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Distant exterior view of Maggie's Leeds with green roof
Maggie's Centre in Leeds by Heatherwick Studio

A green roof not only looks beautiful but it has many economic, ecological and societal benefits. They are becoming an important addition to the raft of considerations available when setting out to create healthy and ecologically responsible buildings. What’s more, people are happier when they are surrounded by greenery.

These benefits include saving you money, reducing heating and cooling costs, reducing ambient noise inside a building, reduced and slowed rainwater runoff, reduction of urban heat island effect, purifies the air, reduces greenhouse gas emissions, increases biodiversity, increases wellbeing and extends the life span of a roof. That’s a pretty impressive list right there! Not to mention how stunning they can look. We’ll briefly explain the benefits for you in more detail below.

You can read about some of our favourite recent adaptive reuse projects by clicking on the images.

Children sitting on the outside steps of log log-clad cabin with a green roof
Skigard cabin by Mork-Ulnes Architects

They can save you money
The installation of a green roof usually involves higher upfront costs than a traditional roof, but you can save money through reduced energy costs over its lifespan. The University of Michigan did a comparative study between a conventional roof and a green roof over a 40 year period and they estimates a green roof would save about $200,000. Nearly two-third of this is from reduced energy costs.

View across garden beds at urban farm Nature Discovery Park, Hong Kong
Nature Discovery Park by LAAB Architects & Landscape

Reduced heating and cooling costs
Plants absorb and reflect sunlight so this helps to create a cooler and more comfortable indoor temperate in the hotter months. Plus, the extra layers of green roof serve as insulation which decreases the amount of heat able to pass into the building. This means the air conditioning doesn’t need to be used as often, which saves you money.

An aerial picture of Chatuchak, Bangkok's Forest House, featuring the homeowner waving from the green rooftop
Forested House by SHMA Designs

Reduces ambient noise
Soil and vegetation can act as a sound barrier to your building. A green roof can acoustically insulate your home from noise of nearby traffic, planes, trains, industry and loud neighbours, providing a quieter indoor environment.

Reduced and slowed rainwater runoff
A green roof also helps to control stormwater runoff from your building. Increasing urbanisation has resulted in less green space in our towns and cities, which means more water is running off roofs and into stormwater systems. A green roof can retain the water in the plants and growing medium, which slows or reduces the amount of water becoming stormwater, helping to reduce flooding and erosion. Green roofs can capture up to 80% of rainfall during storms, compared to 24% for a conventional roof.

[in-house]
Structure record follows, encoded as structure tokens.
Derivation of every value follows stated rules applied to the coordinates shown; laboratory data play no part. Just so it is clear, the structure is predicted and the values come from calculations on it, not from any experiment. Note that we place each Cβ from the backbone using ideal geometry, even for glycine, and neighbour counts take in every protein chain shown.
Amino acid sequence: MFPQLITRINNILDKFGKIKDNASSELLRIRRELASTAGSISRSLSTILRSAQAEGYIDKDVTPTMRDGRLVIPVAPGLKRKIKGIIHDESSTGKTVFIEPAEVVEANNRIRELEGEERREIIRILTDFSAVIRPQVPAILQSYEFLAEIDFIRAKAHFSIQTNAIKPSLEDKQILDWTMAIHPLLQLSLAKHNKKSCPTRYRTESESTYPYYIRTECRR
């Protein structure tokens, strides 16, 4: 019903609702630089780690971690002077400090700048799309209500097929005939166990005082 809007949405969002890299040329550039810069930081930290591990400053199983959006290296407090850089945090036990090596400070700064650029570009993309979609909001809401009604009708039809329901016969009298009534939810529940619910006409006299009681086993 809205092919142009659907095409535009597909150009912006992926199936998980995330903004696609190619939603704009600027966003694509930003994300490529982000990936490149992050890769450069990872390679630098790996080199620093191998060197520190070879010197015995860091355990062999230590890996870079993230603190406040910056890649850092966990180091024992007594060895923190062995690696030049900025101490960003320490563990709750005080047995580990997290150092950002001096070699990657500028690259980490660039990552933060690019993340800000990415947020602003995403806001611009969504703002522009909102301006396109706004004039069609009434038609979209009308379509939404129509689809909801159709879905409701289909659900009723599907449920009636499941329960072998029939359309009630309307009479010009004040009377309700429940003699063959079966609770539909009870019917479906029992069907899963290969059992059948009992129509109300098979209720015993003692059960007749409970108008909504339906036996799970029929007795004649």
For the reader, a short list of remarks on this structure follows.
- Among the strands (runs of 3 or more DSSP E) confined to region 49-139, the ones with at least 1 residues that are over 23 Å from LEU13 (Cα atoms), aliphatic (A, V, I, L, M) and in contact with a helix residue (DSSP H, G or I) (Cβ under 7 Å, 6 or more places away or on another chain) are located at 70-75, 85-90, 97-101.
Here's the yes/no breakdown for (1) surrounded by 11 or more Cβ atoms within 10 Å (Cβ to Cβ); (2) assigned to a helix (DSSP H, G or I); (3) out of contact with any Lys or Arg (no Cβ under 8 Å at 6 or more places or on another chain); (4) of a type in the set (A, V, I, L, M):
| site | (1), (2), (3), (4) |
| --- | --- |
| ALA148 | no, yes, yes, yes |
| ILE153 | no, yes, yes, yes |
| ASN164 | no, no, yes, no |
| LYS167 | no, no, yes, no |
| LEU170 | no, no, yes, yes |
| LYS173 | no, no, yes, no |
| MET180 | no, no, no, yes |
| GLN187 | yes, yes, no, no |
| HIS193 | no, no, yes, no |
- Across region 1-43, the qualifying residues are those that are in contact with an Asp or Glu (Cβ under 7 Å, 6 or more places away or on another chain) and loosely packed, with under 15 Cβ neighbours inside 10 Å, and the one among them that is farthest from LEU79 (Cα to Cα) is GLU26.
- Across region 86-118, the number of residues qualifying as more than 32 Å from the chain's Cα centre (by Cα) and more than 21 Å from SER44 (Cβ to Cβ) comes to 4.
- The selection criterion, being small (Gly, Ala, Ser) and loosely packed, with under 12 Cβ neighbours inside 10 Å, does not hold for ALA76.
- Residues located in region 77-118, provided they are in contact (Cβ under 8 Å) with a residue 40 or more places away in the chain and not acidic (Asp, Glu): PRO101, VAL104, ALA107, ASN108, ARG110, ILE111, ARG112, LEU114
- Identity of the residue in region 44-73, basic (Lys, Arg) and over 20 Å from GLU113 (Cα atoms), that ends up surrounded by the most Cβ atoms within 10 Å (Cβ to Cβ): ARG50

Aerial view of upcycled shipping container home with green roof and timber deck
c-Home by LOT-EK

Reduction of urban heat island effect
The temperature in cities is often higher than in surrounding rural areas, which is called the heat island effect. Large amounts of sealed surfaces absorb solar radiation and re-radiate it as heat, which increases the local air temperature. The temperature in cities can be 3 degrees higher than less urbanised areas. Green roofs help to lower the temperature because plants absorb less heat than a dark roof surface. The plants also lower the temperature on the roof by using the heat from the air to evaporate water through the evapotranspiration process.

Aerial view of Park royal Woha with balcony full of plants
Parkroyal on Pickering by WOHA Architects

Helps to purify the air
Plants filter airborne particulate matter and convert C02 into oxygen. Plus, the plants on a green roof will capture pollutants which would normally wash off a conventional roof and into the stormwater system.

Thang House balcony with timber furniture and green roof
Thang House by VTN Architects

Reduces greenhouse gas emissions
The reduction in the use of mechanical cooling (or air conditioners) reduces greenhouse gas emissions from any fossil fuel combustion used to power that equipment.

Increases biodiversity
The sedums, herbs, grasses and plants that can be planted on a green roof help promote the habitat of birds, butterflies and insects. This is especially important in a city environment which has more built areas and less green spaces.

Street view of the Jungle House with green roofs
Jungle House by CPlusC

Increases wellbeing and lowers stress
Living and working amongst plants, or with a view of greenery, can help improve wellbeing and reduce stress.

Extends the life span of a roof
A green roof can potentially double the life span of your roof. By protecting the roofing material from sun, rain, wind and temperature fluctuations you’ll extend the number of years before it needs replacing, as compared to a standard roof. There’s also the added benefit of reducing the potential waste from the removal of the aged conventional roof.

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